★  McCook, Daniel Jr.

Daniel McCook Jr.

:us34stars:
McCook.jpg


Born: July 22, 1834

Birthplace: Carrollton, Ohio

Father: Major Daniel McCook Sr. 1798 – 1863
(Buried: Spring Grove Cemetery, Cincinnati, Ohio)​

Mother: Martha Latimer 1802 – 1879
(Buried: Spring Grove Cemetery, Cincinnati, Ohio)​

Wife: Julia Tebbs 1839 – 1897
(Buried: Chestnut Grove Cemetery, Herndon, Virginia)​

Education:

1858: Graduated from Alabama University in Florence, Alabama​

Occupation before War:

Attorney in Leavenworth, Kansas law partner of General Sherman​

Civil War Career:

1861: Captain in 1st Kansas Infantry Regiment​
1861: Suffered from the effects of pneumonia missing Wilson’s Creek​
1862: Chief of Staff and Captain at the Battle of Shiloh, Tennessee​
1862 – 1864: Colonel of 52nd Ohio Infantry Regiment​
1862: Brigade Commander at the Battle of Perryville, Kentucky​
1863: lightly engaged at Battle of Chickamuga, Georgia​
1863: Served in pursuit of retreating Confederates to Ringgold, Georgia​
1863: Marched to the relief of Burnside in Knoxville, Tennessee​
1863: Requested sick leave lower one third of lung was hepatized​
1864: Mortally Wounded at the Battle of Kennesaw Mountain, Georgia​
1864: Promoted to Brigadier General on July 16th after wounding​
1864: Brevetted Major General not confirmed by senate day he died​

Died: July 17, 1864

Place of Death:
Steubenville, Ohio

Cause of Death: War Wounds

Age at time of Death: 29 years old

Burial Place: Spring Grove Cemetery, Cincinnati, Ohio
 
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mofederal

Major
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Jun 27, 2017
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Southeast Missouri
Lung hepatization is a permanent condition of the lung, in which tissue comes to resemble liver tissue and can become solidified, and can no longer be pervious to air. The main cause of this lobar pneumonia. Which McCook suffered with early in the war, and may have been made worse by the effects of war on him. Either way he was a fighter until the end.
 

ErnieMac

Lt. Colonel
Forum Host
Retired Moderator
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Pennsylvania
McCook was fatally wounded as he mounted the Confederate lines at the "Dead Angle" on what is now Cheatham Hill. Apparently McCook had few doubts about the outcome of the planned assault as he read the following passage from Thomas Macaulay's Horatius before the battle. http://fieryordeal.blogspot.com/2011/06/colonel-dan-mccook-at-kennesaw-mountain.html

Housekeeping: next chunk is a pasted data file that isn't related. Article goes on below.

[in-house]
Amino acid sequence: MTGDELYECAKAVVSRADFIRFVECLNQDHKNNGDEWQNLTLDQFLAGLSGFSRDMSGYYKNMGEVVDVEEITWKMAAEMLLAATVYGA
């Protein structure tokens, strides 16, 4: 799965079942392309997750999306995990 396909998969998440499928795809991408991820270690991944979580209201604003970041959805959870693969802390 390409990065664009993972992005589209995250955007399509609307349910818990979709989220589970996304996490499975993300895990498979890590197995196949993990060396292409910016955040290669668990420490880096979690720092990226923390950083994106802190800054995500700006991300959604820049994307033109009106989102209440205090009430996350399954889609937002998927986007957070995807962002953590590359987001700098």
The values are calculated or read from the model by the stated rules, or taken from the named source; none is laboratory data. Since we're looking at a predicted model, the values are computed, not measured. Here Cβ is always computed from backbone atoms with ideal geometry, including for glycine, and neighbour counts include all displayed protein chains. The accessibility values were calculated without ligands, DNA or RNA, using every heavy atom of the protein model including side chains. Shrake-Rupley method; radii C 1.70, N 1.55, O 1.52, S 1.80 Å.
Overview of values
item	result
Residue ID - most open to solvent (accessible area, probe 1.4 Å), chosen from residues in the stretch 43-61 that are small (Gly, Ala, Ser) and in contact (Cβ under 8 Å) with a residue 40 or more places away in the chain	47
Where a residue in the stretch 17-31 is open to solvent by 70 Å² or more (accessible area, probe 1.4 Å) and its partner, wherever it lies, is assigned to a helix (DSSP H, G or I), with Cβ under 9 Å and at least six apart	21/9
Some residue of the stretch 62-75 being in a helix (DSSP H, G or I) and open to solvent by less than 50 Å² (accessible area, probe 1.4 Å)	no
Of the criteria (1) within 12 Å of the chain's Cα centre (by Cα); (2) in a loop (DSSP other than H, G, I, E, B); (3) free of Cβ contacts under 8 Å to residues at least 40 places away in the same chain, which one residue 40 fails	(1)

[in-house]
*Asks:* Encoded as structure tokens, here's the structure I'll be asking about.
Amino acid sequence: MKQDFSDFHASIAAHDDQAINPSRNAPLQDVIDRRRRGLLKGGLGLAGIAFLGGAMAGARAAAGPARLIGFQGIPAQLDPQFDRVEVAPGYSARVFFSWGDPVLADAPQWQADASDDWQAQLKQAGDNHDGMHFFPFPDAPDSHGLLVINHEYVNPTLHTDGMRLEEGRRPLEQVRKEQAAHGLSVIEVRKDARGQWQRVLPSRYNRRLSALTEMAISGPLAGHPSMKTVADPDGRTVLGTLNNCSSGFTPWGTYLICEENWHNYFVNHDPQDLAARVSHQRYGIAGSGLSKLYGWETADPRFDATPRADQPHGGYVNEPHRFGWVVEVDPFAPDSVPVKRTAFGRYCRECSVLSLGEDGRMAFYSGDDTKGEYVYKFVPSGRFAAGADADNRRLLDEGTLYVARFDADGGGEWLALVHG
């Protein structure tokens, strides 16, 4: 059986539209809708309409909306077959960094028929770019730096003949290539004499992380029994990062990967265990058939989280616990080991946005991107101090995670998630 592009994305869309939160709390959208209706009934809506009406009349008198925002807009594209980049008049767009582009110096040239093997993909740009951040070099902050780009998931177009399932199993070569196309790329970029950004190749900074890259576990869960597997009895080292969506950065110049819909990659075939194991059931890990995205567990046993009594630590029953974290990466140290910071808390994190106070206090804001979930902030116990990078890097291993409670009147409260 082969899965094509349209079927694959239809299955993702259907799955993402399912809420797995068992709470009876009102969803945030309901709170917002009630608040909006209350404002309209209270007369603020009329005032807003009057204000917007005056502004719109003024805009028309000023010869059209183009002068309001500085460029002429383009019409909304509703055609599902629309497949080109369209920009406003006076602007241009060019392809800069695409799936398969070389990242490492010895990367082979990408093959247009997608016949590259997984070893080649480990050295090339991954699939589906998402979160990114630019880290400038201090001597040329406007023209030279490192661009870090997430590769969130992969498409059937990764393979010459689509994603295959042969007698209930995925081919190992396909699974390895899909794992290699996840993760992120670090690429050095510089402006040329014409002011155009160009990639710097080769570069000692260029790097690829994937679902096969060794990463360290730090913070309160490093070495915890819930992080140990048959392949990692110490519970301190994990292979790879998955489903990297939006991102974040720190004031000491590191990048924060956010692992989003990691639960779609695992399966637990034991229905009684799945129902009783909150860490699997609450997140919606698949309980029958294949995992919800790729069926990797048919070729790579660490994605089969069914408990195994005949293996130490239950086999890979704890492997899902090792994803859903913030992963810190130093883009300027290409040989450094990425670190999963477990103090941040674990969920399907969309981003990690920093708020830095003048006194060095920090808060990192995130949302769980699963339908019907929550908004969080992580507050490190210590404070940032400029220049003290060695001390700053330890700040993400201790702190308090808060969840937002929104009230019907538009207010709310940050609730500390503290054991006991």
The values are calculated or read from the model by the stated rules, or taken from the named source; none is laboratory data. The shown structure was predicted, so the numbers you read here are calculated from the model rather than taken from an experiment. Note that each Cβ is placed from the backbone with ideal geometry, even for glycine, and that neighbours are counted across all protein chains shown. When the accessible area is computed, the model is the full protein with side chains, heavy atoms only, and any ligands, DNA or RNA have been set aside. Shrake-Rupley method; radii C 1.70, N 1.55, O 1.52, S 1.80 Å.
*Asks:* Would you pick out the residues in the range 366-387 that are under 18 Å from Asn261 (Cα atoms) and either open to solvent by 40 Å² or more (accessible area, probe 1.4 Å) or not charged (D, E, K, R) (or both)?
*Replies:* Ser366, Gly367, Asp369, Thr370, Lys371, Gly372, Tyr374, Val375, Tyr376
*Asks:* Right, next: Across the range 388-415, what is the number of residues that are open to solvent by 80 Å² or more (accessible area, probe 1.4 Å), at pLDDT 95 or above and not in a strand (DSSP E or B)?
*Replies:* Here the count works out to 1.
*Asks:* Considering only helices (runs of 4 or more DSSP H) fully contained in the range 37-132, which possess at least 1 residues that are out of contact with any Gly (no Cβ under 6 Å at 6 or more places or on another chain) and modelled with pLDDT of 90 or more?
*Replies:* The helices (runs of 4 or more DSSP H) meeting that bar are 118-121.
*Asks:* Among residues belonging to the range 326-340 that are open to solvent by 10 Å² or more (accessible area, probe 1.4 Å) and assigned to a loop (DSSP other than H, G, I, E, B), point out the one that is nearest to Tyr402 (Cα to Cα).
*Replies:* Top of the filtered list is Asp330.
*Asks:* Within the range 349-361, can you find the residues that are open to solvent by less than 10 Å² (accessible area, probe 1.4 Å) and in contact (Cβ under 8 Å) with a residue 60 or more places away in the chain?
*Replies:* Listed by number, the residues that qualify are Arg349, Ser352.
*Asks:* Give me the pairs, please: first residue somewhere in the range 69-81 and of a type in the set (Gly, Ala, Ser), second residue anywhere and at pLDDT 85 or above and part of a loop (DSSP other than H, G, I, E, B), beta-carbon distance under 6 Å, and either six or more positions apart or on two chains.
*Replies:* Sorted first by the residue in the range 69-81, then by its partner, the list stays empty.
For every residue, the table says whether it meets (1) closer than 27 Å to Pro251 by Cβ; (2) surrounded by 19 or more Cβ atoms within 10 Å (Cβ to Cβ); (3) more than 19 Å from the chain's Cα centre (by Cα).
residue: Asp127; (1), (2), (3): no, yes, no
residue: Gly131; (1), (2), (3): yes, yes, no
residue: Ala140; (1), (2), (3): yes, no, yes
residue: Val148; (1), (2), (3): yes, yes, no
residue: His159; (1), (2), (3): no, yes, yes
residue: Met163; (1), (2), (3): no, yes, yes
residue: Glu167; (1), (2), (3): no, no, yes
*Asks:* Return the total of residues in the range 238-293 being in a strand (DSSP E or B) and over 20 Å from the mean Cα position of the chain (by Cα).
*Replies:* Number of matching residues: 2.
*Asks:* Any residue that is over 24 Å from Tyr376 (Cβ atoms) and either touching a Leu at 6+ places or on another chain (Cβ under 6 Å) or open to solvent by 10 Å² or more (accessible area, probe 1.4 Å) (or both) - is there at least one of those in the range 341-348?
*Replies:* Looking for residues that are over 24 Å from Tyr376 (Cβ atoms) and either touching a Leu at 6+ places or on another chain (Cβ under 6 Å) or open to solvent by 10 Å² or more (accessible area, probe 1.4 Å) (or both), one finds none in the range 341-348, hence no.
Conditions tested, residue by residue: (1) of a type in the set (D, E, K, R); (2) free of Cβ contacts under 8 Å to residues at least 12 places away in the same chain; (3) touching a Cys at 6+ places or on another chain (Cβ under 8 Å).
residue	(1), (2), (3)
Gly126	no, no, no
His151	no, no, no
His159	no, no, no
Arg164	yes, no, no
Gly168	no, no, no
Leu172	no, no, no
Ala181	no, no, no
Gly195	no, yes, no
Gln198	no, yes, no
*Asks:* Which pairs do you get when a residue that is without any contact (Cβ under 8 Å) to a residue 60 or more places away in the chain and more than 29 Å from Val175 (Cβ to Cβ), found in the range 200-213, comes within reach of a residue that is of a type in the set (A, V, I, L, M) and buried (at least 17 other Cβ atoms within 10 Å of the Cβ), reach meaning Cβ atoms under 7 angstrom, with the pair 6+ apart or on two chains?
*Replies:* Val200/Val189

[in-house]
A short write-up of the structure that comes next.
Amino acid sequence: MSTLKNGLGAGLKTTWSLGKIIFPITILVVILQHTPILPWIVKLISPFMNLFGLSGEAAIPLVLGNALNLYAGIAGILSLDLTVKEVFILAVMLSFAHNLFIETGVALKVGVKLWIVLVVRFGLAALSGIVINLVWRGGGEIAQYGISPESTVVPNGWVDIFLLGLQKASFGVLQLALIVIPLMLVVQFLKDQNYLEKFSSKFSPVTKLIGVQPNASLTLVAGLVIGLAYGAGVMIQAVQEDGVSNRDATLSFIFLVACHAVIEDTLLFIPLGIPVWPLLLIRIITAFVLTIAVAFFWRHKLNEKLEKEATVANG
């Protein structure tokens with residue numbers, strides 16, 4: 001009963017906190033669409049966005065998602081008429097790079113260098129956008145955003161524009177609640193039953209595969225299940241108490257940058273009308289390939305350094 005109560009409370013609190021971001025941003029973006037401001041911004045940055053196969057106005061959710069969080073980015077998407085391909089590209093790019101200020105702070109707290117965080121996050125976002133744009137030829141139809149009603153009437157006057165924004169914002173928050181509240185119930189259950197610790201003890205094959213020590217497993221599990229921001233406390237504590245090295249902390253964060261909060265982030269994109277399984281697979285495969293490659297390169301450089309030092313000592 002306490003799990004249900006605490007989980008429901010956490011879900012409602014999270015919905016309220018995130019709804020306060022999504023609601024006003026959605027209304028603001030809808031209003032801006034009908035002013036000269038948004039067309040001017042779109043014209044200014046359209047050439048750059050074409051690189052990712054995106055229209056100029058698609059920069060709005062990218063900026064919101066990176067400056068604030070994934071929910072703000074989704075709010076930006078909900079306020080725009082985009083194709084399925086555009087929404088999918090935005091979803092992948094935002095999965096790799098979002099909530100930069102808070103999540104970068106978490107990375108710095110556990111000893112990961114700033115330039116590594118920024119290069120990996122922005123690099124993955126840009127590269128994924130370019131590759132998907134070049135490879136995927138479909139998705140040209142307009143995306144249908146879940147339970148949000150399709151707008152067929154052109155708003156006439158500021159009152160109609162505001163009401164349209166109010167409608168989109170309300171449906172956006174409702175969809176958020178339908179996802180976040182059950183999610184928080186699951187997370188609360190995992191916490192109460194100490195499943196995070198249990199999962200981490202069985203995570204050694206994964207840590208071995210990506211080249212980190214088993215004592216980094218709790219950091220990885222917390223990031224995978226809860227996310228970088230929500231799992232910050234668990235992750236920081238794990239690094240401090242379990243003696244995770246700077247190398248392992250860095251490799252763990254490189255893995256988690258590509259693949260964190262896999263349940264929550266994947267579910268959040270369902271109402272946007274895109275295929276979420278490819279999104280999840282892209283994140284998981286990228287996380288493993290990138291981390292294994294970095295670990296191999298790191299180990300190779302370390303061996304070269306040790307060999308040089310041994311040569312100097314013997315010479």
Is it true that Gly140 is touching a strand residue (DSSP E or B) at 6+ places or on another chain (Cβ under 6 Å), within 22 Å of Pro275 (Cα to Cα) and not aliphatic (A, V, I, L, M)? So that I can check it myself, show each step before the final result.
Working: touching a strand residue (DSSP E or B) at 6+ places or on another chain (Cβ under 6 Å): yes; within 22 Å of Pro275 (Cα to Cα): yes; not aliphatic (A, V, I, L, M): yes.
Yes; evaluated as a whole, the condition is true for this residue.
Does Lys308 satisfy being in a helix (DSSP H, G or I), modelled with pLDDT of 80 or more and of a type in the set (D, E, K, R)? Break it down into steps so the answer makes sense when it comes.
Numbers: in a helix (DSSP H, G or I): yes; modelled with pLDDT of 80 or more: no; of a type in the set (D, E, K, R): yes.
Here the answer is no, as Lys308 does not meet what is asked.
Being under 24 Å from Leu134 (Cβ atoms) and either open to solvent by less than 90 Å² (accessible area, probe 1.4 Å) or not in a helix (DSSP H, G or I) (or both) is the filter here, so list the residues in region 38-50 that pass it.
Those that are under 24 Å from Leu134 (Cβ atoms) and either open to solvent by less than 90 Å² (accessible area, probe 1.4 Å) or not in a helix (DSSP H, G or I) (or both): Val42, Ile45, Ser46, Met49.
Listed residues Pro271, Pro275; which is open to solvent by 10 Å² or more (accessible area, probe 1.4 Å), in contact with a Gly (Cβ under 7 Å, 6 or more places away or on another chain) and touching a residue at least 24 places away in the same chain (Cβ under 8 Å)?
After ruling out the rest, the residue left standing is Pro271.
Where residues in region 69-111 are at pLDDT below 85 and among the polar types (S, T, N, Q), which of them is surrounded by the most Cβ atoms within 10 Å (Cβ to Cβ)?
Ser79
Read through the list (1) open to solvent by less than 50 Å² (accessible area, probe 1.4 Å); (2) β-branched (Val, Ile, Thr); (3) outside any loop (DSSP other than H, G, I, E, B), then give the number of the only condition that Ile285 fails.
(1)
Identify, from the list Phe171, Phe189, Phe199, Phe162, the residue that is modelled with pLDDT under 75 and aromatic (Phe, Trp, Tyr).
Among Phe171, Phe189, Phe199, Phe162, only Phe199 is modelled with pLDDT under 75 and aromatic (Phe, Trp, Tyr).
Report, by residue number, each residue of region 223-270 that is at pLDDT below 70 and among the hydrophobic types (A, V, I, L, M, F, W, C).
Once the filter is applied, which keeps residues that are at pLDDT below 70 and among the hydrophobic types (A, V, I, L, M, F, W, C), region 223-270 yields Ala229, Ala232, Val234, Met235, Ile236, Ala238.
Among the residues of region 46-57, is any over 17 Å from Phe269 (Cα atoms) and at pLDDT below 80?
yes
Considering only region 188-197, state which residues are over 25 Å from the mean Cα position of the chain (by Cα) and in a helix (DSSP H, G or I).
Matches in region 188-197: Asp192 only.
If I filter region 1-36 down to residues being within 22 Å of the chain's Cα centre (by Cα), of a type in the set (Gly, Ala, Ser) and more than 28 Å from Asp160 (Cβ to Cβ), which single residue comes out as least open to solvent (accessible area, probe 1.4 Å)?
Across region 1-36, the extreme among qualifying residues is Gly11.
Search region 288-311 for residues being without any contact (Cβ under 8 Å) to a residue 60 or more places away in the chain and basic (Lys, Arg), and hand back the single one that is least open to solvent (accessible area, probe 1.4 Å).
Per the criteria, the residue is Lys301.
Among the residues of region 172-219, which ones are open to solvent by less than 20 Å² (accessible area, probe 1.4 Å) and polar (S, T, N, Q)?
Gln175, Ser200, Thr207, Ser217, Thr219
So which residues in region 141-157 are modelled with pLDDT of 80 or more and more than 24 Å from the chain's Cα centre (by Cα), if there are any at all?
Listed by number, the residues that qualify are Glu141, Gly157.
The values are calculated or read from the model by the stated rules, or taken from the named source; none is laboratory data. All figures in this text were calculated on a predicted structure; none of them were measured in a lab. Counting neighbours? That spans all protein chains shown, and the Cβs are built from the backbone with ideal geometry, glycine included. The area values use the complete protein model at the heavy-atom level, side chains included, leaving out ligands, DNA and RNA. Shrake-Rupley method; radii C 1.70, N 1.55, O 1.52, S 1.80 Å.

Then out spake brave Horatius
The Captain of the Gate:
To every man upon this earth
Death cometh soon or late,
And how can man die better
Than facing fearful odds,
For the ashes of his fathers
And the temples of his gods.
 

CheathamHill

First Sergeant
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Oct 4, 2013
I had the honor of portraying him in the Civil War:The Untold Story PBS Series and the current video at the Kennesaw Battlefield visitors center. It was a wonderful experience and learning about the McCook clan has been quite the research and journey for me. Fascinating would be an understatement to describe this family.

Here is a preview to that Mini-series. And my rendition of Horatio at the Gates is towards the end. Hope I did it some service. I get chills every time I watch it still bc of how well it was edited.
CW:The Untold Story
 

Luke Freet

First Sergeant
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Nov 8, 2018
Location
Palm Coast, Florida
I had the honor of portraying him in the Civil War:The Untold Story PBS Series and the current video at the Kennesaw Battlefield visitors center. It was a wonderful experience and learning about the McCook clan has been quite the research and journey for me. Fascinating would be an understatement to describe this family.

Here is a preview to that Mini-series. And my rendition of Horatio at the Gates is towards the end. Hope I did it some service. I get chills every time I watch it still bc of how well it was edited.
CW:The Untold Story
I remember going to Kennesaw and watching the doc. Wonderful performance.
 

CheathamHill

First Sergeant
Annual Winner
Joined
Oct 4, 2013
I remember going to Kennesaw and watching the doc. Wonderful performance.

Thanks! Also realize that for some reason my post auto corrected to 'Horatio at The Gates' somehow (probably mistyped it in the past from my phone) But it is Macaulay's 'Horatius at the Bridge'. Just wanted to correct that.
Probably because I texted something about Rev War Horatio Gates at some point 😆
 
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